Abrasion, flex: Cloth wear in a creased area caused by excessive bending, usually associated with cage contact.
Abrasion, surface: More or less uniform wear on the dirty side of the cloth.
Acrylic: A synthetic polymerized fiber that contains at least 85% acrylonitrile.
Air Horsepower: The theoretical horsepower required to drive a fan if there were no losses in the fan, that is, if it’s efficiency were 100%.
Air, Standard: Dry air at 70 °F and 29.92 in (Hg) barometer. This is substantially equivalent to 0.075 lb/cu ft. Specific heat of dry air = 0.24 BTU/lb/F.
Agglomerative Dusts: Dusts that, when compressed, stay in the form they are compressed into. These dusts tend to be porous and light.
Air-to-cloth Ratio: The amount of air or process gas entering the bag house divided by the square foot of cloth in the bag house.
Ambient Air: The surrounding air of the environment, a.k.a, the air one would normally breathe.
Aspect Ratio: The ratio of the width to the length. AR = W/L.
B-Binder SnapBand: A stainless steel band covered with material with a groove in the center in the shape of the letter B that fits into a tube sheet with a tight seal.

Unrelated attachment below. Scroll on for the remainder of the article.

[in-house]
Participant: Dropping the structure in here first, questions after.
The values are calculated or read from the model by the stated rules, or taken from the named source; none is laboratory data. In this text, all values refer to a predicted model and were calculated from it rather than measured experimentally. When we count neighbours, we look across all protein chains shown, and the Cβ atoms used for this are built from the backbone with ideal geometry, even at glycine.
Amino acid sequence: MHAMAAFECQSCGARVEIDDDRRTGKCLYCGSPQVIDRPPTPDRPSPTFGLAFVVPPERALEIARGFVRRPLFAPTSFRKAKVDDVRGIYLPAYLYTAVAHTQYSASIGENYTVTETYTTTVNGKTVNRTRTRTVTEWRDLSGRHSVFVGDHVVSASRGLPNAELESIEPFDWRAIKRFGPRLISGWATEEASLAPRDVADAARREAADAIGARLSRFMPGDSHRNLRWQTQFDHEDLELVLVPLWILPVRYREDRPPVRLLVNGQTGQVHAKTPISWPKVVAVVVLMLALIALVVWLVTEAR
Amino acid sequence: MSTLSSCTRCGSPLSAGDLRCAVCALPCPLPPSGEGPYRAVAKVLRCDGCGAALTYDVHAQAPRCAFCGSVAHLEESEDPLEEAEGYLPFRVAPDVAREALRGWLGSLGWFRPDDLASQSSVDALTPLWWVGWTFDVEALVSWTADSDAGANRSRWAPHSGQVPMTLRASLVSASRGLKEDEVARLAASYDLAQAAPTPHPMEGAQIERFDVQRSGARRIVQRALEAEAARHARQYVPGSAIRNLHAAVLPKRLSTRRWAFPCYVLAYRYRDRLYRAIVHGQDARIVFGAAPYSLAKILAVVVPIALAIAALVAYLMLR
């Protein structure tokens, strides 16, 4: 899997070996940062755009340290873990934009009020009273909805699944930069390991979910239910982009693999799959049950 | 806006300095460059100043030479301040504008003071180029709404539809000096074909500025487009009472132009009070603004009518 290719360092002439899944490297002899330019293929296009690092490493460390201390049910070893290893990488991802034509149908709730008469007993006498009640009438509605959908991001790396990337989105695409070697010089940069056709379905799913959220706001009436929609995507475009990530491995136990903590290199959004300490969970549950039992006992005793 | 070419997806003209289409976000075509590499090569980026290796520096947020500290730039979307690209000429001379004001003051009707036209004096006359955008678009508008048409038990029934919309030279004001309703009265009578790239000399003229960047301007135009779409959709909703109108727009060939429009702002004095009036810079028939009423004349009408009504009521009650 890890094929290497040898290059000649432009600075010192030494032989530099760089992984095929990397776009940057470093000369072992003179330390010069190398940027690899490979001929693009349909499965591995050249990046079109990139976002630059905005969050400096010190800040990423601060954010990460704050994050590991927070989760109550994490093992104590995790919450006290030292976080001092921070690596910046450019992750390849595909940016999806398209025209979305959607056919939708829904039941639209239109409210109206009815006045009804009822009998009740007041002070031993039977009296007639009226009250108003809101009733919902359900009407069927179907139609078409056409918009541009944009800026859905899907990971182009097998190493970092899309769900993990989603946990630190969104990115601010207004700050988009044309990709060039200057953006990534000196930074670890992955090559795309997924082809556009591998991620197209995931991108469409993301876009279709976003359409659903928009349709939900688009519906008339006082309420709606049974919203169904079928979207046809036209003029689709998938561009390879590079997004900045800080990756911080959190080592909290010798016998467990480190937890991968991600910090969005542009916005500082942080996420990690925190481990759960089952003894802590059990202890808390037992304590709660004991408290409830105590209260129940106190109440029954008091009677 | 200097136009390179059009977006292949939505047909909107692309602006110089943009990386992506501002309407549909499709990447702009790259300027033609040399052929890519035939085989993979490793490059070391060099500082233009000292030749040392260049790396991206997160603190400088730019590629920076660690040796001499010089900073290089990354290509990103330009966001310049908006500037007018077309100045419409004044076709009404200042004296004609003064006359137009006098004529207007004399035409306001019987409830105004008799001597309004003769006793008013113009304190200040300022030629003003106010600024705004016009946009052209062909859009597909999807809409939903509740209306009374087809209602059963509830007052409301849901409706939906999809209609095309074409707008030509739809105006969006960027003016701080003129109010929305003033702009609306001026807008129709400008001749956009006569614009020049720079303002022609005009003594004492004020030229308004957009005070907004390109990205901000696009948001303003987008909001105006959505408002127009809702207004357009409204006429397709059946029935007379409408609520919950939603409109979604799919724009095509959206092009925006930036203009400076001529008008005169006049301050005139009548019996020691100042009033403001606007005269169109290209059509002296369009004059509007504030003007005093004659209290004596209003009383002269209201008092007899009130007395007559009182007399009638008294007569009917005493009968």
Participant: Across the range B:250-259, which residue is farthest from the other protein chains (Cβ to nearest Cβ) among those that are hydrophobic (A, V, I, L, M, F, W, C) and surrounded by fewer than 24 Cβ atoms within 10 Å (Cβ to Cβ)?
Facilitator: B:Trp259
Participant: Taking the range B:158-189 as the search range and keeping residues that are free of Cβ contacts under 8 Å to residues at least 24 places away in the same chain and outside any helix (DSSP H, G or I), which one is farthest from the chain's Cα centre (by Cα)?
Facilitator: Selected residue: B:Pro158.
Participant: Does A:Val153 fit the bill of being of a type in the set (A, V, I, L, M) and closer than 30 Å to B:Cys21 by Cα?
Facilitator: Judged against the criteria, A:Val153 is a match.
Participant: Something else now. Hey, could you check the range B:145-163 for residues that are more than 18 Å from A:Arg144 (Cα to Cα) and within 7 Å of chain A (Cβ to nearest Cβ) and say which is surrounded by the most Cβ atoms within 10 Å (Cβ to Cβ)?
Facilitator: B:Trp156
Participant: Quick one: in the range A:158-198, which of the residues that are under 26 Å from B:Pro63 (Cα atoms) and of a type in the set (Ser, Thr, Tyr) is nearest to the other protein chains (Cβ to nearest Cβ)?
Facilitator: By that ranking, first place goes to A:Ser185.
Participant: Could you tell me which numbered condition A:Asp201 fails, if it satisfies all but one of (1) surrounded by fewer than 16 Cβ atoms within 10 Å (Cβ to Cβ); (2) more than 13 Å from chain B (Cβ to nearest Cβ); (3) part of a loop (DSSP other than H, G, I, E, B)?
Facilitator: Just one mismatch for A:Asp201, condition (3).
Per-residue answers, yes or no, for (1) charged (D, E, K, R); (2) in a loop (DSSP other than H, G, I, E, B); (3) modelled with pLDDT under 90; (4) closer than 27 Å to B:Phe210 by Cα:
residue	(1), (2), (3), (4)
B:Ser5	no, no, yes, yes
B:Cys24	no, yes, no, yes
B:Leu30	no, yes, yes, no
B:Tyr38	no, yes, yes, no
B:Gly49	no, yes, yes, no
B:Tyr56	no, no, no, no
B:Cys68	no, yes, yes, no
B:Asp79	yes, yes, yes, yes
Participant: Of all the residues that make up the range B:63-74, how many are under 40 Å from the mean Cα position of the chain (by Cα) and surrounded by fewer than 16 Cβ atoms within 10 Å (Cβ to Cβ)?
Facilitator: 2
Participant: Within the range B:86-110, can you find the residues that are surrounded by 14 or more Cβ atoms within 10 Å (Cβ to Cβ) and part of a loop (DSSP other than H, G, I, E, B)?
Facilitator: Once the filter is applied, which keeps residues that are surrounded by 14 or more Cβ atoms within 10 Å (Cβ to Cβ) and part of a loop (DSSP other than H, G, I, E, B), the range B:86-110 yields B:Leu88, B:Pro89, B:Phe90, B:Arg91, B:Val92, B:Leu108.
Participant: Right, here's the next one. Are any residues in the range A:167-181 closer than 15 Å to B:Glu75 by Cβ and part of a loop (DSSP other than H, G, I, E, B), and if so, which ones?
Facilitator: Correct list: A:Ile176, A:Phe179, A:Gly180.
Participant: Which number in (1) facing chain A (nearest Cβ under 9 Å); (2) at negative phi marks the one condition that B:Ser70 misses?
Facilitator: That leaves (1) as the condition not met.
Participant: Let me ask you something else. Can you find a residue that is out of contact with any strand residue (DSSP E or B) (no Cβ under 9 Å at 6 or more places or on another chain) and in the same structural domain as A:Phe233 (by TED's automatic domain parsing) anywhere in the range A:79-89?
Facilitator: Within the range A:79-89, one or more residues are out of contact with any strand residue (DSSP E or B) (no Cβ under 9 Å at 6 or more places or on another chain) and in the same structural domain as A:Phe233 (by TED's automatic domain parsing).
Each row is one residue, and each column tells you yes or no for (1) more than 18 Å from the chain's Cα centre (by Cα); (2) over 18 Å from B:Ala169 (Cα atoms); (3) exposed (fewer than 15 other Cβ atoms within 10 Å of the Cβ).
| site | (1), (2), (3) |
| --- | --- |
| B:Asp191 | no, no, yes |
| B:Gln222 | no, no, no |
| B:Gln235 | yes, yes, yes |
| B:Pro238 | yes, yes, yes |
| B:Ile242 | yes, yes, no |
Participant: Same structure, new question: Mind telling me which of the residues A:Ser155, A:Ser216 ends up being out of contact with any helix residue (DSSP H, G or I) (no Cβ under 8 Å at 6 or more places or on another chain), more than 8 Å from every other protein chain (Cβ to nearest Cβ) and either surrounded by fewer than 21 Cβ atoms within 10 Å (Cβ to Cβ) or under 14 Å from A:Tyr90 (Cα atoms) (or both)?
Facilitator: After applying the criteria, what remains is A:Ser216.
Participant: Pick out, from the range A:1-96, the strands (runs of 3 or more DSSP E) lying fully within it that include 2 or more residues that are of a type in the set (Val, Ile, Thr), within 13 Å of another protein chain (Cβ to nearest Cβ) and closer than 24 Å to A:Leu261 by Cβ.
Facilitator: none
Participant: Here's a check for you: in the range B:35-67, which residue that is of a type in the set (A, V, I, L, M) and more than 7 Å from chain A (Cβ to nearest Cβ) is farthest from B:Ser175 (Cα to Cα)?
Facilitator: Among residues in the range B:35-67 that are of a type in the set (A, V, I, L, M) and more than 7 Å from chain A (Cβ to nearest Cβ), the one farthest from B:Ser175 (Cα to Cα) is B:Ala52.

Bleed Through: Particles of dust or fumes that are able to migrate through the bag. (see; leak through)
Blinding: Closing of the filter medium pores which results in either a reduced gas flow or an increased pressure drop across the medium. If the medium cannot be cleaned readily and the pores reopened, this condition is often referred to as "permanent blinding" or plugging".
CFM: Cubic feet of air flowing past a fixed location in 1 minute.
Cake: The dust formation developed on the surface of the filter medium during the filtration process.
Calandaring: A process in which fabric passes between cold or heated rollers under high pressure; this pushes the surface fibers down onto the body of the filter medium.
Cloth Weight: Usually expressed in oz./sq. yard.